Tuesday, 25 September 2012

memory alpha or library of last resort

Founded originally in 1800 as a collection of law books for the convenience of Congress and a depository of patents, the US Library of Congress has grown its stacks and archives immensely through acquisitiveness and inquisitiveness (all publishing houses are required, through what is known as mandatory deposit, to provide the Library with two copies of all published works) and has continued to move towards independence as a resource, styled the “library of last resort,” for academics, as well as the research arm of the legislative branch. Pioneering the public frontier since the mid 1990s, the Library is continuing to make its holdings freely accessible.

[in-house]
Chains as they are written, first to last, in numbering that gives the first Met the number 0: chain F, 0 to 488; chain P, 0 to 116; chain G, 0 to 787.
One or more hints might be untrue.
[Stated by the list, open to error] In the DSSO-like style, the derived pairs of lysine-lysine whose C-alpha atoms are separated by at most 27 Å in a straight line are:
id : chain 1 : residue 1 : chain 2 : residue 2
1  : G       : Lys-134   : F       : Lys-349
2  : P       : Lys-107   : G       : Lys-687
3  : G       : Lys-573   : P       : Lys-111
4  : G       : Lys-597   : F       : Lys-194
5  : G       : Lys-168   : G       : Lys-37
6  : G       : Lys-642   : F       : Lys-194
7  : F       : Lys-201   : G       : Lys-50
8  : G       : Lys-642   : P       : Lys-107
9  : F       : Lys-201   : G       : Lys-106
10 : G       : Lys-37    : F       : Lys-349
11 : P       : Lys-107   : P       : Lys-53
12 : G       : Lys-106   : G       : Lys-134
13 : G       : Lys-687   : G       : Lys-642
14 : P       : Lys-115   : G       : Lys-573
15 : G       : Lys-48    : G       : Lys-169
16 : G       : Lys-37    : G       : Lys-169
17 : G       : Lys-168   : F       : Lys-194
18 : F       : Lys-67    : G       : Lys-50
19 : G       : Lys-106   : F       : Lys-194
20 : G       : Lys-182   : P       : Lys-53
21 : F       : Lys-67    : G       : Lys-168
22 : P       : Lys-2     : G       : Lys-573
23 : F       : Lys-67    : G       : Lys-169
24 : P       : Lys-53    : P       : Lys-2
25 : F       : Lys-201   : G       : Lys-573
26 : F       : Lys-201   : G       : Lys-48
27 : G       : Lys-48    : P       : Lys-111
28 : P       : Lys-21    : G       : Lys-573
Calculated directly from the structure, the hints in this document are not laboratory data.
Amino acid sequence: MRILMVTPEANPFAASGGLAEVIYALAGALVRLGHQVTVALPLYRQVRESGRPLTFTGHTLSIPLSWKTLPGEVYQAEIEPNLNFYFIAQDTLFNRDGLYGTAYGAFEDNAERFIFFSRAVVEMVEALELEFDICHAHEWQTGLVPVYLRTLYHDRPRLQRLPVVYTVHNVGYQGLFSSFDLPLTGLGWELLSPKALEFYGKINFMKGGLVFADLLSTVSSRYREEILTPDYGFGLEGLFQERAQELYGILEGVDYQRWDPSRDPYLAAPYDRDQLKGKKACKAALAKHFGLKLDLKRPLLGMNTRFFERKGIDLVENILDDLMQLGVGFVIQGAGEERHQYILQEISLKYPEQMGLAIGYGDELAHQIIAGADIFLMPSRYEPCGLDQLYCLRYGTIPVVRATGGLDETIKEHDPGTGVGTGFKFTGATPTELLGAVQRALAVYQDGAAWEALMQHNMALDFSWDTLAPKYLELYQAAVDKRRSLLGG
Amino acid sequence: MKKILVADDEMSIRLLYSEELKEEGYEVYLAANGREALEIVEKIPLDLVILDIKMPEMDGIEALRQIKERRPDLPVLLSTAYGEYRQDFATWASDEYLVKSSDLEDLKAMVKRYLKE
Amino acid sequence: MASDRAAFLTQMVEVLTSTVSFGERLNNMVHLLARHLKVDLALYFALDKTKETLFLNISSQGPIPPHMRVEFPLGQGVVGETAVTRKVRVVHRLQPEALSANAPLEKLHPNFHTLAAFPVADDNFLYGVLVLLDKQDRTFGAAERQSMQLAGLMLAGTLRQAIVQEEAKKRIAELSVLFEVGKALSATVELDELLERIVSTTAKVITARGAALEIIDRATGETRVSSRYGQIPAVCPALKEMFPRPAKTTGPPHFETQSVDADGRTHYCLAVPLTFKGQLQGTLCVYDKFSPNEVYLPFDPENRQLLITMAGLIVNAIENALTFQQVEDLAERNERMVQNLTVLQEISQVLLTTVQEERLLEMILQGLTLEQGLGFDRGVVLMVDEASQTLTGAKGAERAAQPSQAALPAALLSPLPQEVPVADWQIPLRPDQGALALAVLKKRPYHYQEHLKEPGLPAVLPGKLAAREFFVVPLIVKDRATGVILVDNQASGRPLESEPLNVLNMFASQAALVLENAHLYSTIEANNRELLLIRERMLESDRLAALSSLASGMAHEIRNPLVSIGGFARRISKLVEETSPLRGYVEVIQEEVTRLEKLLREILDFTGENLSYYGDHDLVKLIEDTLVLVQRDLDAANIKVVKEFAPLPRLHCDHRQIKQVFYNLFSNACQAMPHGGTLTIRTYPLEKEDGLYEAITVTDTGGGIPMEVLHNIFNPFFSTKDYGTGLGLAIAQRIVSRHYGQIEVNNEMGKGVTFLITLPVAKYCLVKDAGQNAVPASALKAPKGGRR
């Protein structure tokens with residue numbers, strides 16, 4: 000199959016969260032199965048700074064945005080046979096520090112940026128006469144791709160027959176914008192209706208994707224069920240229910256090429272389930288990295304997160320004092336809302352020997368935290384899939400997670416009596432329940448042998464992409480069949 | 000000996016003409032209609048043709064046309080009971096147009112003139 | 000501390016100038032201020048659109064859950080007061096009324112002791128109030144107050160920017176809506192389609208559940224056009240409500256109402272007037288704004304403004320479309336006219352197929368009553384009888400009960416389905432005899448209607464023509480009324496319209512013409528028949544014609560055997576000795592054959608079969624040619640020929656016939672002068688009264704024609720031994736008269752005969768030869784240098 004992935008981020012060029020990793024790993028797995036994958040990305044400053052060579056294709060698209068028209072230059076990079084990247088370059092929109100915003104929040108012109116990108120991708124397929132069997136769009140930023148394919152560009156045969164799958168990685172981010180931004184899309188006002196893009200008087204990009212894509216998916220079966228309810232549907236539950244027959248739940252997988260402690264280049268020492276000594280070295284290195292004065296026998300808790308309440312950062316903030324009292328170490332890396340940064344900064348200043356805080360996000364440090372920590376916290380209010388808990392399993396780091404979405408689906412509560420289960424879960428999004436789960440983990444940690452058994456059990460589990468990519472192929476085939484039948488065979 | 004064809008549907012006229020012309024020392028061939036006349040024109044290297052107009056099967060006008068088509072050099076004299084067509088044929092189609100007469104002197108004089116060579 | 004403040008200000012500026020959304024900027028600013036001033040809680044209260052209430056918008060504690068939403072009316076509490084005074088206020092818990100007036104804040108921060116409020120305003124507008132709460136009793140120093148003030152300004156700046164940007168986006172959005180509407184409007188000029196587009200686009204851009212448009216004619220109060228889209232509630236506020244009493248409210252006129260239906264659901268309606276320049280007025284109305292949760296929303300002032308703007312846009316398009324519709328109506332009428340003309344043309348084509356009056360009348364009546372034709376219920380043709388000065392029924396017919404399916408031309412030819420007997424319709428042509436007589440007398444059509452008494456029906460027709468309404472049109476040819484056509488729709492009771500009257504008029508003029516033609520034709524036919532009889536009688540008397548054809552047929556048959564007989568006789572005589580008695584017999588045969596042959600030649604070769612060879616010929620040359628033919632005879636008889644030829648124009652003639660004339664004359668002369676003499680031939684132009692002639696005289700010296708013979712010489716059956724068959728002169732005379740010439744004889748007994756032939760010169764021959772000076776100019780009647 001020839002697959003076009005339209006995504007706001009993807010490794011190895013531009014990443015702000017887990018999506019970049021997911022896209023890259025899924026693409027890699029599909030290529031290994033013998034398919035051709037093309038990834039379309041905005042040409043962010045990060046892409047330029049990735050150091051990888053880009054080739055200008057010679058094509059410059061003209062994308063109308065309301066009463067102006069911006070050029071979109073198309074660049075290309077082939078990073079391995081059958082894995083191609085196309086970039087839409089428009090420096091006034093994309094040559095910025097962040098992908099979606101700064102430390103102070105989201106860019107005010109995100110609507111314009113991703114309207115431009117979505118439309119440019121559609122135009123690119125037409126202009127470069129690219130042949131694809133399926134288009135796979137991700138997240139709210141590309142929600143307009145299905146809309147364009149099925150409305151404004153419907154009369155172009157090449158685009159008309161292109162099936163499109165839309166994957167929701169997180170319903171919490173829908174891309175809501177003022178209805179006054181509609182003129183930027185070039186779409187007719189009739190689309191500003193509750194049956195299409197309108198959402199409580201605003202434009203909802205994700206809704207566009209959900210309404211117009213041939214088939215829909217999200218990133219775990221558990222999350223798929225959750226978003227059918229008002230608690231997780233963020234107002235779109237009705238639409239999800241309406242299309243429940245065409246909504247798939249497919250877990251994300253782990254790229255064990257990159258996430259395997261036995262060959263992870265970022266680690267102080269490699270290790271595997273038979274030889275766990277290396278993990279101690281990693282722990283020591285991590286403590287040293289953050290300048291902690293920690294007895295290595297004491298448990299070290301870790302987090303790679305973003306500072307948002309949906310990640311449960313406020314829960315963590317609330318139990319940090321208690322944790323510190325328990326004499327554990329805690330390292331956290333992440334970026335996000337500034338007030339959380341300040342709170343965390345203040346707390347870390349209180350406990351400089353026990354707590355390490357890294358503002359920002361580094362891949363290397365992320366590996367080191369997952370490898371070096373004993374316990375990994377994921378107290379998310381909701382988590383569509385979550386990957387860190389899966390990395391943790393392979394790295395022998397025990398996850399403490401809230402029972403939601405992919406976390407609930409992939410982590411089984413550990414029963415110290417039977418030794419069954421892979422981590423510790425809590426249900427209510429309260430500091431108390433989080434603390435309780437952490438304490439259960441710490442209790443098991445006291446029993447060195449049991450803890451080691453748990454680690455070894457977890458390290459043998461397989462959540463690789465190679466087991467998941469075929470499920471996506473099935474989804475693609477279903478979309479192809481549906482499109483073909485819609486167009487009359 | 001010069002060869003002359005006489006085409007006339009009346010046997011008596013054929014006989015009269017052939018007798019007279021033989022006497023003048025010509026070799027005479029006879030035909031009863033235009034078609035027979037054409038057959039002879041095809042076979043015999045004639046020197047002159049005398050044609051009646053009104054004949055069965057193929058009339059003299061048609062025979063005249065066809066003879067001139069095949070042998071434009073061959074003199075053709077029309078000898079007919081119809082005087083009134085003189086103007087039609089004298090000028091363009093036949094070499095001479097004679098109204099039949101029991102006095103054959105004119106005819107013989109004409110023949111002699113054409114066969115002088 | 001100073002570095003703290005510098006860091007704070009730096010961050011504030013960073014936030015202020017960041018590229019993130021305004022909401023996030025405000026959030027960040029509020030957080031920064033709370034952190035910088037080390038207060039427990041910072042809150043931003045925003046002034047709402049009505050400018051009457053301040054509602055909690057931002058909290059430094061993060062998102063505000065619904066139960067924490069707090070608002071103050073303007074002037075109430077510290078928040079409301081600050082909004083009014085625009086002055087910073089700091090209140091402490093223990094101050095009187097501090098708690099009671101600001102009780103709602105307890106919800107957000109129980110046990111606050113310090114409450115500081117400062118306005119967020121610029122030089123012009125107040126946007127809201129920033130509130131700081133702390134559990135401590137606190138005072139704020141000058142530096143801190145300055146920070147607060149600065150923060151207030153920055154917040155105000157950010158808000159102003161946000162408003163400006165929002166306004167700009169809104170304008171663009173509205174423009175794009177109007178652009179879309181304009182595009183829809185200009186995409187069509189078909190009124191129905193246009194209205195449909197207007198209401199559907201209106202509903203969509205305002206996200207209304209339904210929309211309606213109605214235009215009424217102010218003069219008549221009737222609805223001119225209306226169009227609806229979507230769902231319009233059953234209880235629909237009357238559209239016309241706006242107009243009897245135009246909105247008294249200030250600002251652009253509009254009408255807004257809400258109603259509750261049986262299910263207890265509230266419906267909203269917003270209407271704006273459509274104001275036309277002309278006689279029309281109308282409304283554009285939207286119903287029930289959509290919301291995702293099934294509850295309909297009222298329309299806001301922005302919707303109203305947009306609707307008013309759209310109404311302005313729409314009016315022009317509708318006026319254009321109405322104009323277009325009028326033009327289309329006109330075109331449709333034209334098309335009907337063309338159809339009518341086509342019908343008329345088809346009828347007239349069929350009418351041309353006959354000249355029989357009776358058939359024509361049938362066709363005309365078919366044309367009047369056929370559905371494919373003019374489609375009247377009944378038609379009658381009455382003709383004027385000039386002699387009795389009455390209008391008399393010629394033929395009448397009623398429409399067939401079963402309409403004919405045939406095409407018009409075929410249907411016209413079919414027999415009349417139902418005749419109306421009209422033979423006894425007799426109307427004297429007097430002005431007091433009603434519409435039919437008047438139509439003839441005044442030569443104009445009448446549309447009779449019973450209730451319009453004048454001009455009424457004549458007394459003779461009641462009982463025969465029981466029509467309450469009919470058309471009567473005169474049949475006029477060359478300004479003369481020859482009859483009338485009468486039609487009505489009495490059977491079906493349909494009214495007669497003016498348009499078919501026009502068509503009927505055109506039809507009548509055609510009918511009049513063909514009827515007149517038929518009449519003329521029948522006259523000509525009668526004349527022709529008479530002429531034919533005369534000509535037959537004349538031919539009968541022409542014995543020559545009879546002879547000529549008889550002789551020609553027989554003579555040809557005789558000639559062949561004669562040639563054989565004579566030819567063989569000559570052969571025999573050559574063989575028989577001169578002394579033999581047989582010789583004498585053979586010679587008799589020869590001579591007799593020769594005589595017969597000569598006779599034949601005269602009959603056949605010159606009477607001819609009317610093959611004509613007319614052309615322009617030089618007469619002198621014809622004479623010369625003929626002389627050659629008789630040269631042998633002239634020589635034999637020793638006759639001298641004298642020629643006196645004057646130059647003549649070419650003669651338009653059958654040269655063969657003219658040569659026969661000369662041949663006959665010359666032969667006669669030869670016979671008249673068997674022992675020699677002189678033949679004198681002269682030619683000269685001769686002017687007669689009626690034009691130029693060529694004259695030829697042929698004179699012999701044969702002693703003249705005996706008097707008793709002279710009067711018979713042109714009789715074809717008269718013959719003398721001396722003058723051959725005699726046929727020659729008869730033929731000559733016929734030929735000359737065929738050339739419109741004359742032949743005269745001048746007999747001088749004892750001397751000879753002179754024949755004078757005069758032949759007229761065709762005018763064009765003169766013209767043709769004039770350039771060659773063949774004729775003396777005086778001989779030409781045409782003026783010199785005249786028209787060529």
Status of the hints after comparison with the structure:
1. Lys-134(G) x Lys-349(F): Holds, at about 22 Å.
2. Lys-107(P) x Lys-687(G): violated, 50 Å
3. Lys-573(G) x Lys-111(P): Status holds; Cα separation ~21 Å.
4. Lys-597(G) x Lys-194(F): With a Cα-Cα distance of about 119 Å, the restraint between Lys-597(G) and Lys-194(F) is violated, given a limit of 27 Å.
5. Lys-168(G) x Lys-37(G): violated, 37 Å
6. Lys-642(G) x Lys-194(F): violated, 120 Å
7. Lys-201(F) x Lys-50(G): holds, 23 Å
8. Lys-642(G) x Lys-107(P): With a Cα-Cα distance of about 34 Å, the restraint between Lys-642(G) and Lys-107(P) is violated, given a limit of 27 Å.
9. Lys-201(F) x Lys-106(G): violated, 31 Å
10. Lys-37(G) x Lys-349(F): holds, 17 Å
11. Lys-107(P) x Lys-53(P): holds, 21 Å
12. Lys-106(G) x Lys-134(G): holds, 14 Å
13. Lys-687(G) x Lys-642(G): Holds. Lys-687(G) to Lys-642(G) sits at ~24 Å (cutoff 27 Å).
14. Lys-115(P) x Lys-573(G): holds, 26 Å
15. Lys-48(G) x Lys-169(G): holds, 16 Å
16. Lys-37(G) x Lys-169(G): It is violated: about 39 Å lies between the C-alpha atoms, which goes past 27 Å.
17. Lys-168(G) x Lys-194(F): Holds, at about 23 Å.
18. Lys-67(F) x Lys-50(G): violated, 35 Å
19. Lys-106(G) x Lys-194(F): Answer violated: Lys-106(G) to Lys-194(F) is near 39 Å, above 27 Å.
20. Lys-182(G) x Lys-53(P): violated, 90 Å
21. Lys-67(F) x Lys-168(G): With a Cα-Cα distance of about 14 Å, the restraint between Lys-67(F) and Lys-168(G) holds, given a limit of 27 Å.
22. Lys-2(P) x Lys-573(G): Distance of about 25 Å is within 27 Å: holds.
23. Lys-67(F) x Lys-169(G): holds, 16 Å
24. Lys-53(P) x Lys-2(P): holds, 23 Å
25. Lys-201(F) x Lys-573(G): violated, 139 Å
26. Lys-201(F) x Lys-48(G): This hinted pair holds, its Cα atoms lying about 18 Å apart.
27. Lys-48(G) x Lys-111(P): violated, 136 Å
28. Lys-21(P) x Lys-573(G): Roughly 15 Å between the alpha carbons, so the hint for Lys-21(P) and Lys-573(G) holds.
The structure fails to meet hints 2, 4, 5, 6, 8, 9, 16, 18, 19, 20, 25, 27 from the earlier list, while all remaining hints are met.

Though the digital collection has been steadily growing for years, with some fifteen million images available besides, it is always inspiring to return here amd search the collection and turn up something new. That’s only the surface, too, with the depths of history and discipline buffeting beneath—not to mention the chance for invention and scholarship. It is a great resource for browsing and discovery, with many special exhibits and programmes, however, no substitute for getting lost in the shelves of one’s neighbourhood archives and for the intensity of local and native knowledge. Librarians are a fiercely independent and impassioned breed and eager to ensure their caretaking is palpable and apparent.